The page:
Gene therapy – timing matters

DNA double helix. Image by Jerome Walker and Dennis Myts via Wikimedia Commons
DNA double helix. Image by Jerome Walker and Dennis Myts via Wikimedia Commons

The earlier a disease is diagnosed and treatment is started, the more likely the treatment will be successful. This is the case with all the treatment options currently available like antibiotics for bacterial infections or chemotherapy for cancer. However it hasn’t been clear whether this is true for the futuristic treatment option of gene therapy. 

Gene therapy aims to work out the underlying genetic causes of a disease, such as a mutation, and then edit out the mutation so the gene can work normally. This approach has had some major advances in the last year thanks to the new CRISPR technology. CRISPR has been used to successfully treat many different diseases in animals including muscular dystrophy, liver disease and cataracts. However, more studies need to be done before we know that it is safe enough to use in humans.

During my PhD I studied mice that had a mutation that caused heart disease. A similar mutation causes the same sort of heart disease in humans. I tried turning the mutation off in the mice at various ages to see whether their heart disease could be prevented or reversed. I found that I could only prevent heart disease in the mice if I turned off the mutation before they were six weeks old. Mice only live to be about two years old, so a six week old mouse is like a six to ten year old human. This means that if we want to use gene therapy to treat humans with the same heart disease, we might have to start that treatment while they are children.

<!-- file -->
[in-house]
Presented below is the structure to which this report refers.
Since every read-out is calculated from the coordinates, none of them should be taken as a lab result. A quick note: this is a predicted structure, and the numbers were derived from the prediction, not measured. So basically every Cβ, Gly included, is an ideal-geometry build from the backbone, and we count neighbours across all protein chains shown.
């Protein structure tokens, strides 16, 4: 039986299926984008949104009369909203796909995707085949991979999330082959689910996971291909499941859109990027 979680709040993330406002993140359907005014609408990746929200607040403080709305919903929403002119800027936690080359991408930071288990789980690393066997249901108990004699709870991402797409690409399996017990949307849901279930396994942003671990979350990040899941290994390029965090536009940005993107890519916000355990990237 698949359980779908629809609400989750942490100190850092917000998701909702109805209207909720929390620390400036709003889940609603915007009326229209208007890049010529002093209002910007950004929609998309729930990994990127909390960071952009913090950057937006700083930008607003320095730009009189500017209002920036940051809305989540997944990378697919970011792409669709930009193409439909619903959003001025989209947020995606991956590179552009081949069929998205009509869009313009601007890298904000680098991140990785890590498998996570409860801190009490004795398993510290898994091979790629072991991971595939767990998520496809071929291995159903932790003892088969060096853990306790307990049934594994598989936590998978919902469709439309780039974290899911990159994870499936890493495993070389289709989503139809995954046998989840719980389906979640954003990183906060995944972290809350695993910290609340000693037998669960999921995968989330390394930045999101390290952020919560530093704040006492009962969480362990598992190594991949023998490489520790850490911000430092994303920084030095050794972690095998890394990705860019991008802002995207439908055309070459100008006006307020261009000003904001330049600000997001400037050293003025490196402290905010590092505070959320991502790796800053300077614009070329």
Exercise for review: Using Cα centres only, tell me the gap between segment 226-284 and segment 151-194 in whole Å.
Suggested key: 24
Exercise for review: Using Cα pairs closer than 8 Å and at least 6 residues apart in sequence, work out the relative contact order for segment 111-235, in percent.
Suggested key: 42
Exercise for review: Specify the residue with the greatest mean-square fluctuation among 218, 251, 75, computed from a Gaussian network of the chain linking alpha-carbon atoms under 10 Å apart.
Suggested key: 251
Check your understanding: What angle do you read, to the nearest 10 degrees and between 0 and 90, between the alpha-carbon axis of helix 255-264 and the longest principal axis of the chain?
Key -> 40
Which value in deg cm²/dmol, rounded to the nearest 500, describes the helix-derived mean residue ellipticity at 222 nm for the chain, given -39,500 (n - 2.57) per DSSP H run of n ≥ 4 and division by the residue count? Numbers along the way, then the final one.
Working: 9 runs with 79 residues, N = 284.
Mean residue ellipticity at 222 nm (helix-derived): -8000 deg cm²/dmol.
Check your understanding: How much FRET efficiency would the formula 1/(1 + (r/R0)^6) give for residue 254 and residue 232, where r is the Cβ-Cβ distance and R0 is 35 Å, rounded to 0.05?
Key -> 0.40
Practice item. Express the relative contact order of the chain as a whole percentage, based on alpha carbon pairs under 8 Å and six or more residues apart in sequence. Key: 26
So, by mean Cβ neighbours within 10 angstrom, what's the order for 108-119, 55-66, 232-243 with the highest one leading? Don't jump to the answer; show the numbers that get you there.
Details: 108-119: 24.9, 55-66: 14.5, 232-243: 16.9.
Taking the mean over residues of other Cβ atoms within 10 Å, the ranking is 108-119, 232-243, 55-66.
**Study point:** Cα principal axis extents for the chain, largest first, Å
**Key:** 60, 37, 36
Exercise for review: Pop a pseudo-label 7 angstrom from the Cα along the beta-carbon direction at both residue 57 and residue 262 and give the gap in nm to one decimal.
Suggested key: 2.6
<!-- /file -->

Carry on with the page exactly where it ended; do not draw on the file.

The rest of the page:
The problem with this is that many people consider it unethical to genetically test children because they can’t give their consent. Also many parents who might be carriers of genetic diseases choose not to have themselves or their children tested because finding out that you have passed on a disease to your child causes a lot of guilt. Also it may mean that the child is told that they are sick, and treated differently, for many years before they have any symptoms. A genetic test may also cause problems with health insurance covering the cost of treatment for the disease as it could be labelled a pre-existing condition.

I think that my study shows that health insurance rules need to change so that having genetic testing doesn’t jeopardise your chance of having medical costs covered by insurance. I also think that it’s important for doctors and genetic counsellors to talk to families that might have genetic diseases to explain the potential benefits of an early diagnosis in children. The main benefit is that treatment, either current treatment options, or in the future gene therapy, could be implemented as soon as a diagnosis is made. If the diagnosis is made too late, gene therapy may be less likely to work.

My Scientific Paper (I’m very sorry to say that it is not open access, being a lowly PhD student at the time I had no say in the matter):

Cannon et al. Irreversible triggers for hypertrophic cardiomyopathy are established in the early postnatal period. JACC. 2015.

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